Thank you for this perspective. Hope the powers that be pull out the developments already out there with Grupe and Spanos . If these guys are not ready to move ahead. I fear there will be nothing “smart” about this new development group. Who are they anyway and do they have ties to Stockton or Lodi?

  2. Debbie J.
    December 12, 2013 at 10:42 am #

    The sad thing is that citizens haven’t really heard about this (and other) projects and likely won’t show up to share their thoughts. It will move forward, just like others have, with no opposition, because that’s how our city gauges project worthiness – not by merit, but by how many people show up to support or oppose it.

    • David Garcia
      December 12, 2013 at 12:49 pm #

      I am curious to see how the city would try and reconcile this and other sprawling developments with the Climate Action Plan. If the city is annexing more land and allowing more development, it is in essence negating the environmental benefits from implementing the CAP. I don’t believe you can expect to sufficiently address emissions issues if the city’s footprint continues to expand.

      • Debbie J.
        December 12, 2013 at 2:41 pm #

        We can only hope that Steve Chase, the Planning Commission, and City Council have the political will to ask and answer the tough questions. Historically, any project like this was rubber stamped by our city – the “we’re getting taxes/fees, and that’s what matters” mentality. While I’d like to believe that the CAP will be effective, money is a great motivator, especially in desperate “please bring your development here” Stockton. Sometimes the decisions our leaders make do not make sense for our city other than to line the pockets of the developers building out the project.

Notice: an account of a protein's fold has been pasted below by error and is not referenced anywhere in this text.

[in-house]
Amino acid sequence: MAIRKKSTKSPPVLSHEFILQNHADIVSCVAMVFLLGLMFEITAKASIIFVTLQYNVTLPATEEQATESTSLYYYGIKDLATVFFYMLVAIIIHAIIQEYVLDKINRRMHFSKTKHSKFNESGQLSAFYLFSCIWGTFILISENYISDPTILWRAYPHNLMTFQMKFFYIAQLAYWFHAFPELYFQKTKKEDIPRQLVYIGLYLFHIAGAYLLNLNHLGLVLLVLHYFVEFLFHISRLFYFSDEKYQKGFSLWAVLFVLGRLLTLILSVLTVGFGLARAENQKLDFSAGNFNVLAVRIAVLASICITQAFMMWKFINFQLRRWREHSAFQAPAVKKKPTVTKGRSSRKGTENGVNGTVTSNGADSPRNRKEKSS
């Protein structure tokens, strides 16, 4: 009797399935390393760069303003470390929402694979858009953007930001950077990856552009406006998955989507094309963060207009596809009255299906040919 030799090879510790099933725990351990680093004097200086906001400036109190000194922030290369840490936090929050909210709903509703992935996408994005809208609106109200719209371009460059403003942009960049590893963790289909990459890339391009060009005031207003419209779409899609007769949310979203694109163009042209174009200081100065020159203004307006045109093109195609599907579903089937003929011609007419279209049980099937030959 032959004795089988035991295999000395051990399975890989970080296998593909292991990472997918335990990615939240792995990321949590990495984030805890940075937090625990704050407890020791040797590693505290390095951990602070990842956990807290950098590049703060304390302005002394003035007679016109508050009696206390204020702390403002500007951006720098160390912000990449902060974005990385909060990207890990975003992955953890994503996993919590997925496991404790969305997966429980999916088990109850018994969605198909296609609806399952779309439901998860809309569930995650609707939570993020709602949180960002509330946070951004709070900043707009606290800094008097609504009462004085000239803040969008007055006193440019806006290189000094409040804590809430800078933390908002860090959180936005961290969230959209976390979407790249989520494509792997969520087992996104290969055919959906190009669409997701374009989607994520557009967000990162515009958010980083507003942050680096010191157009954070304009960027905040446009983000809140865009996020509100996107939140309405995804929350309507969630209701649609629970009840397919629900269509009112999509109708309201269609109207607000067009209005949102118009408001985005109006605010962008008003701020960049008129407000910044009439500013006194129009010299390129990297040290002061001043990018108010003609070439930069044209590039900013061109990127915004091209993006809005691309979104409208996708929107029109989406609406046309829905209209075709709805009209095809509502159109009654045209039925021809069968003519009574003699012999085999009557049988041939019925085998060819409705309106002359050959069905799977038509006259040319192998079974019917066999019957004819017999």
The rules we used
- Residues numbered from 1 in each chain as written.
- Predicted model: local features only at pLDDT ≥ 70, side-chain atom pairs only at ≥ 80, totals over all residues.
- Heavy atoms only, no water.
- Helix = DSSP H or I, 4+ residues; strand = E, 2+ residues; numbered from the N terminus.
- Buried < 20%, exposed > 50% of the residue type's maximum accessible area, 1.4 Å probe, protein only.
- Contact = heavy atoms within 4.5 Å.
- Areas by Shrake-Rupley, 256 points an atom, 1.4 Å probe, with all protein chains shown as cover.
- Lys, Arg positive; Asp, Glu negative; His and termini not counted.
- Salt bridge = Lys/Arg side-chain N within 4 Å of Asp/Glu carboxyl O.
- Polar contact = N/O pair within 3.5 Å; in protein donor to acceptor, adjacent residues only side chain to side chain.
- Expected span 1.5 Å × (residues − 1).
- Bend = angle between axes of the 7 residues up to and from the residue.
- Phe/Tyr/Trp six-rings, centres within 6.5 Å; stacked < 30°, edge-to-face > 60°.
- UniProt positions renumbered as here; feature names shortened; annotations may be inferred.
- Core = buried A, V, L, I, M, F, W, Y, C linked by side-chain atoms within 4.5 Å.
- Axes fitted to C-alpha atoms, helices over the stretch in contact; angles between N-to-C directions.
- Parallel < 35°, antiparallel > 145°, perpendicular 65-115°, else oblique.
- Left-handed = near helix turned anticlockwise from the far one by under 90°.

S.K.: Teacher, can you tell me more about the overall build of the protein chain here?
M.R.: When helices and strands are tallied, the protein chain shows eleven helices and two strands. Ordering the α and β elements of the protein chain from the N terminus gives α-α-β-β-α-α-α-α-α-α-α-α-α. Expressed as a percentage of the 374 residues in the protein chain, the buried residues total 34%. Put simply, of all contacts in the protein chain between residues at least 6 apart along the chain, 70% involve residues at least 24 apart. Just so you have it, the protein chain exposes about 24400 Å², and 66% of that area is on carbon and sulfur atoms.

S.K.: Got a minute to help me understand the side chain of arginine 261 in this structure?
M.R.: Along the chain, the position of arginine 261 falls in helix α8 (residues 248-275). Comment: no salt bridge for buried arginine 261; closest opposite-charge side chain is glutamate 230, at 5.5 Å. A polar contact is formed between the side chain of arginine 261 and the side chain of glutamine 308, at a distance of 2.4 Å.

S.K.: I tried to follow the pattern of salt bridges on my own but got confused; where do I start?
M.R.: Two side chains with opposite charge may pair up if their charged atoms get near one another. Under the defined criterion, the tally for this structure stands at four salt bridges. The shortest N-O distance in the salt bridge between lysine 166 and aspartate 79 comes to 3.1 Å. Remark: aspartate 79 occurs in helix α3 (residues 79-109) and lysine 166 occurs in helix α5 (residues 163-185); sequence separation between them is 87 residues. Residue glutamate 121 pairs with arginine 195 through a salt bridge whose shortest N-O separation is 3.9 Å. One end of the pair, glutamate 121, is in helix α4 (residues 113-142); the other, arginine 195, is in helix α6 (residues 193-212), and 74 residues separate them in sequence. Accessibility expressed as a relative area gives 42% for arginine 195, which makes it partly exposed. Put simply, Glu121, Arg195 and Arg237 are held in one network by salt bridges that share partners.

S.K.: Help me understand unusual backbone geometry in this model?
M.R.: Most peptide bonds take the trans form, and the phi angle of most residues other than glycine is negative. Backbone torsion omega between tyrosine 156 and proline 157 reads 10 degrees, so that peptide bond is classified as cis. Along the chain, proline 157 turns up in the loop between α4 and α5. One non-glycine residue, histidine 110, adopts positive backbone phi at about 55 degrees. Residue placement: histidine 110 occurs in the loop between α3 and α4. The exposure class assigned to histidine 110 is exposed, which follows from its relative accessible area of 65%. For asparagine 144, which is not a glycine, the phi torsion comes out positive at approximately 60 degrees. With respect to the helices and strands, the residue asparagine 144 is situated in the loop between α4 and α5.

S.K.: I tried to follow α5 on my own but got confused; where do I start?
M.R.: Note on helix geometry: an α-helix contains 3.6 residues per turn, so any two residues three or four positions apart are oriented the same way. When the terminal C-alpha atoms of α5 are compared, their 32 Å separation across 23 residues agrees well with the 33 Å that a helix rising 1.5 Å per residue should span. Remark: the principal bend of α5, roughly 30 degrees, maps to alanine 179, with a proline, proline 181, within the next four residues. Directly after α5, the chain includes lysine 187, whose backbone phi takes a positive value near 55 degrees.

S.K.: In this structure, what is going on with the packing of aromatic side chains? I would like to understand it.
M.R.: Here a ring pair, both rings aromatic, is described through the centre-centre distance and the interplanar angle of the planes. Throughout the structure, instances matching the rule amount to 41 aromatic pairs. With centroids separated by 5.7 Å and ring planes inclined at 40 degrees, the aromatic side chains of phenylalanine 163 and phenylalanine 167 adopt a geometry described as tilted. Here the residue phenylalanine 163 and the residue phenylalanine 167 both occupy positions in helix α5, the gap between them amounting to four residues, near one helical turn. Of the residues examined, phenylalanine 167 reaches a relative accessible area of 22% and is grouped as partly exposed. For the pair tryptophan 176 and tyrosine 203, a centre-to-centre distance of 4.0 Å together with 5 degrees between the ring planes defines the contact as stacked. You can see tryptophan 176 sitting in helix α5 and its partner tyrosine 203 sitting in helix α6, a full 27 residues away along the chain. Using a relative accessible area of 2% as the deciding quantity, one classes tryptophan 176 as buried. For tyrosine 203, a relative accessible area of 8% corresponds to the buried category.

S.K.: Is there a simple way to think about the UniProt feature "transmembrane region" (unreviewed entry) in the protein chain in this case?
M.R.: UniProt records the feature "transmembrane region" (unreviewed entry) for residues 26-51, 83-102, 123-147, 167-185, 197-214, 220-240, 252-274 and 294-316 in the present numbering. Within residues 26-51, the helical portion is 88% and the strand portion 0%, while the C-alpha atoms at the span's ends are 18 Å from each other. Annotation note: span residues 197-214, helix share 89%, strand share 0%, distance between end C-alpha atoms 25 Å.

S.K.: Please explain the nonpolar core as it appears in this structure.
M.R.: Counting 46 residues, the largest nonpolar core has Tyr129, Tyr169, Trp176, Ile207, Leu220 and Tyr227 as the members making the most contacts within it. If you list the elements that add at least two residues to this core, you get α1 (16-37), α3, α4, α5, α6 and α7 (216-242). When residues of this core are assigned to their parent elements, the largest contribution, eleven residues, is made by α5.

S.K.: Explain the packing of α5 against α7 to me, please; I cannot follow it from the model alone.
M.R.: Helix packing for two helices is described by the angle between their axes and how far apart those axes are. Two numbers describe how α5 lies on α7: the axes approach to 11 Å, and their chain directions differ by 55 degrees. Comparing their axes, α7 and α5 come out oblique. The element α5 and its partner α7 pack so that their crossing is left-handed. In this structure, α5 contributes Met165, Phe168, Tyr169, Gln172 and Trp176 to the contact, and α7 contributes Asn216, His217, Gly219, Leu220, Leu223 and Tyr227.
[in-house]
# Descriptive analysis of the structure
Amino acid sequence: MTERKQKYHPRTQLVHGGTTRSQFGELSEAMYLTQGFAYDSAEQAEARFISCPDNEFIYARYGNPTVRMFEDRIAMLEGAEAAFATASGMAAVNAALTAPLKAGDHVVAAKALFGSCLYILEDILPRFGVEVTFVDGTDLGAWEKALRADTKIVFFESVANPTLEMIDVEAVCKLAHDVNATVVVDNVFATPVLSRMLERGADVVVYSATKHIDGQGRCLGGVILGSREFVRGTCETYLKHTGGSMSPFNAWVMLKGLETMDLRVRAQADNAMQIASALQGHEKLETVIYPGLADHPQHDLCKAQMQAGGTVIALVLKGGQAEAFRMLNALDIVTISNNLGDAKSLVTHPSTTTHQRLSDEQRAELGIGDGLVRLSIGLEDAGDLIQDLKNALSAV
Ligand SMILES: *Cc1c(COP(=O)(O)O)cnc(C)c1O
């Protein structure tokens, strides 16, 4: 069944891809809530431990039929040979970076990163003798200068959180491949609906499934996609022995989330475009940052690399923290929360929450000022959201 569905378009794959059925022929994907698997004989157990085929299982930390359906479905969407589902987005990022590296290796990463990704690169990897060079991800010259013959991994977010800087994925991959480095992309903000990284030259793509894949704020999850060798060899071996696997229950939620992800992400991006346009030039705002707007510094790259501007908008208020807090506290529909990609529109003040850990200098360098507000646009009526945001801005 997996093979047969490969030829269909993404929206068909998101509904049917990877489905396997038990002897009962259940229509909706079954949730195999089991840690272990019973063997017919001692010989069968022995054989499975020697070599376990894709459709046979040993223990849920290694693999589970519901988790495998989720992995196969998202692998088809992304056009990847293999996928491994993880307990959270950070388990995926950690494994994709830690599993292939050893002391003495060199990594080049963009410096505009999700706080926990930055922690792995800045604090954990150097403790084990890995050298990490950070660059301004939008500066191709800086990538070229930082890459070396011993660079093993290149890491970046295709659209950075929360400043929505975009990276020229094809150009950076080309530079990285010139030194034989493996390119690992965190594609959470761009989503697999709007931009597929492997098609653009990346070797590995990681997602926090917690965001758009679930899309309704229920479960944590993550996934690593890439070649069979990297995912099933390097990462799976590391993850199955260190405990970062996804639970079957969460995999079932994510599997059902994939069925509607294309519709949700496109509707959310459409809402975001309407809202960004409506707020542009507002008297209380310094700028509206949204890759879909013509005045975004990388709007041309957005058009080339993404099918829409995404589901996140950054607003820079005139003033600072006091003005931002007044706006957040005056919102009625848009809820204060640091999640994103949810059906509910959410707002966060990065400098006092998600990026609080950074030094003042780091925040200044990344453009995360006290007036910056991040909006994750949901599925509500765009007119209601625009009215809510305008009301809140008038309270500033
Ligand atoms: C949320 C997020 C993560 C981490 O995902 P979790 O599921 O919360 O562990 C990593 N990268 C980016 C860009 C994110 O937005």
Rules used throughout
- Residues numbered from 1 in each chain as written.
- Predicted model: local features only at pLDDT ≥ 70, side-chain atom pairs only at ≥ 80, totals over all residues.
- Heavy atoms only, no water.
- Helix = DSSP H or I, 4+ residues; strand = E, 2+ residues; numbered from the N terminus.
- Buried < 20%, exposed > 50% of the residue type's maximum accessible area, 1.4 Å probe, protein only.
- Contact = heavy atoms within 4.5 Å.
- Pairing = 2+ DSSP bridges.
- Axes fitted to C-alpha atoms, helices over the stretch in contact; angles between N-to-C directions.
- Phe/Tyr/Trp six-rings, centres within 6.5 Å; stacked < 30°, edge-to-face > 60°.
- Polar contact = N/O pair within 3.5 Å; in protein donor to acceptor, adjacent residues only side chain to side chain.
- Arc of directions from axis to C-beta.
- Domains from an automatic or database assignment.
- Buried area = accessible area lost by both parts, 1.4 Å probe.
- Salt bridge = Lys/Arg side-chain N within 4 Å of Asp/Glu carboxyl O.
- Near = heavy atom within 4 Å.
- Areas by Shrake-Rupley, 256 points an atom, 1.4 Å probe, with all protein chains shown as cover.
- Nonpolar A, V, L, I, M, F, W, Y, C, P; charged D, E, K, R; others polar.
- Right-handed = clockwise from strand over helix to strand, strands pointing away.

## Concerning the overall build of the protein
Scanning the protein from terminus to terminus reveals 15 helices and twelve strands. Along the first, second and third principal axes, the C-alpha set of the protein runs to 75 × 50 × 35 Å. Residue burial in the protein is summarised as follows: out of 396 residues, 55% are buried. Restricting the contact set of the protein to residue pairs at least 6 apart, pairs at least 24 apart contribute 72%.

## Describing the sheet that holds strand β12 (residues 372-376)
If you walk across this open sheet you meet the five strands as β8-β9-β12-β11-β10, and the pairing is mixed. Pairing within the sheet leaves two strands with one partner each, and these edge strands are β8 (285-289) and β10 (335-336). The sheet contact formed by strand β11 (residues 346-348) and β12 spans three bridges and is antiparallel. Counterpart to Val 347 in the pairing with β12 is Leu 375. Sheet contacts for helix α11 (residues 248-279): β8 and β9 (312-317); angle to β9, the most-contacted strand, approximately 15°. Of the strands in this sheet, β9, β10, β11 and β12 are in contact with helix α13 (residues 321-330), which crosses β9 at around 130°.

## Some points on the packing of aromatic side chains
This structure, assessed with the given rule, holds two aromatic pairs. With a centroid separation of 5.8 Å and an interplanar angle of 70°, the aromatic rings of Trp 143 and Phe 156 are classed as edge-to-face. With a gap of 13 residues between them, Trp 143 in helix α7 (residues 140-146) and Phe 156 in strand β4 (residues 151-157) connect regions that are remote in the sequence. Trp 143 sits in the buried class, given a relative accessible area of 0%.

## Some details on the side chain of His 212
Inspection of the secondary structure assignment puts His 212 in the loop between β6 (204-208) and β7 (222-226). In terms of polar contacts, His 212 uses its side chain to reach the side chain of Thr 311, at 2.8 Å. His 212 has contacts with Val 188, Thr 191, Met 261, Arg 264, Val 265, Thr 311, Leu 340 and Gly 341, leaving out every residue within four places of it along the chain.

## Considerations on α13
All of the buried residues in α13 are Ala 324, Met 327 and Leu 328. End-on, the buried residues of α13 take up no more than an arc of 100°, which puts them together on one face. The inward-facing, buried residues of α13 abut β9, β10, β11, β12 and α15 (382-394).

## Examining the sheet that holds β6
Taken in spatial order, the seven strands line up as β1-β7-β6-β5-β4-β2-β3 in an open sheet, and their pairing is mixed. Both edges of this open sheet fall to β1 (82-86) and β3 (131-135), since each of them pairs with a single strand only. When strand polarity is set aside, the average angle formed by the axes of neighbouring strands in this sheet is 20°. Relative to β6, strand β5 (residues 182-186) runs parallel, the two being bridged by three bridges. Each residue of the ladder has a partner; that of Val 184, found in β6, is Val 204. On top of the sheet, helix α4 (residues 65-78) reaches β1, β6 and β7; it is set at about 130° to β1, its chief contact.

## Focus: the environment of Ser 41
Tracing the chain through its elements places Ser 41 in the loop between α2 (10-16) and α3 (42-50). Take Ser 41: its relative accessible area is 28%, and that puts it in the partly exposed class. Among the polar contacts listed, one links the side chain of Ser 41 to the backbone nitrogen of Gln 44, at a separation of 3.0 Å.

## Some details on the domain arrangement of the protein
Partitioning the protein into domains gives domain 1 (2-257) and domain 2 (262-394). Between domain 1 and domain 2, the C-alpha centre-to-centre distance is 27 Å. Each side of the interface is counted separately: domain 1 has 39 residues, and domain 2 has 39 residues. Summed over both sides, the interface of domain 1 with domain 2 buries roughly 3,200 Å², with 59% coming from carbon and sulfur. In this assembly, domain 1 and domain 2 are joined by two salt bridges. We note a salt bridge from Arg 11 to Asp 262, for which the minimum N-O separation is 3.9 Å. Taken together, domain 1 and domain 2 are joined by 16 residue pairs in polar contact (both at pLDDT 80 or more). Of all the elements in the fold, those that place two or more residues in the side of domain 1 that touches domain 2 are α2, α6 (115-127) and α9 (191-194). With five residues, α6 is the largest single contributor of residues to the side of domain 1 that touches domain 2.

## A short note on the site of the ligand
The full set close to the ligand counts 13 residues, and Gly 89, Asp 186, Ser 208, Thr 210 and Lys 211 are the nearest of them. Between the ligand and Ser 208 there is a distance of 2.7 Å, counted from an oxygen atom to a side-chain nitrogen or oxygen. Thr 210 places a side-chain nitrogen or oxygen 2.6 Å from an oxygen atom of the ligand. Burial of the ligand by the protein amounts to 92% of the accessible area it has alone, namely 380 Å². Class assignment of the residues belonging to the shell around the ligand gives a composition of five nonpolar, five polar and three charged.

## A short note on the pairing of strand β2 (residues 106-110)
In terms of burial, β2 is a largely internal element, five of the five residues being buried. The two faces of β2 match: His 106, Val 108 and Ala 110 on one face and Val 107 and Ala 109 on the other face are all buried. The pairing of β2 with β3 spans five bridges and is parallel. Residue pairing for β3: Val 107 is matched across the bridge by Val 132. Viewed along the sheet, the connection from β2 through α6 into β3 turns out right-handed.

3. Jon Seisa
    December 12, 2013 at 1:37 pm #

    I totally agree, David, particularly as you cited, there is already a huge glut of approved developments on the board with this type of antiquated and archaic development design strategy.

    The layout design is suburban-sprawl business as usual having the typical fragmented and isolated ‘districts’ and no sweeping neighborhood critical and seamless integration with a strategically located central and major community focal point that everything should radiate from. The commercial, business, office park and light industrial should all be integrated in the design with residential towers and high-density residential. There should also be community access and penetration throughout the entire plan with pedestrian corridors, parkways, plazas and pathways, not a segregated “Us vs. Them” mentality between segregated residential districts.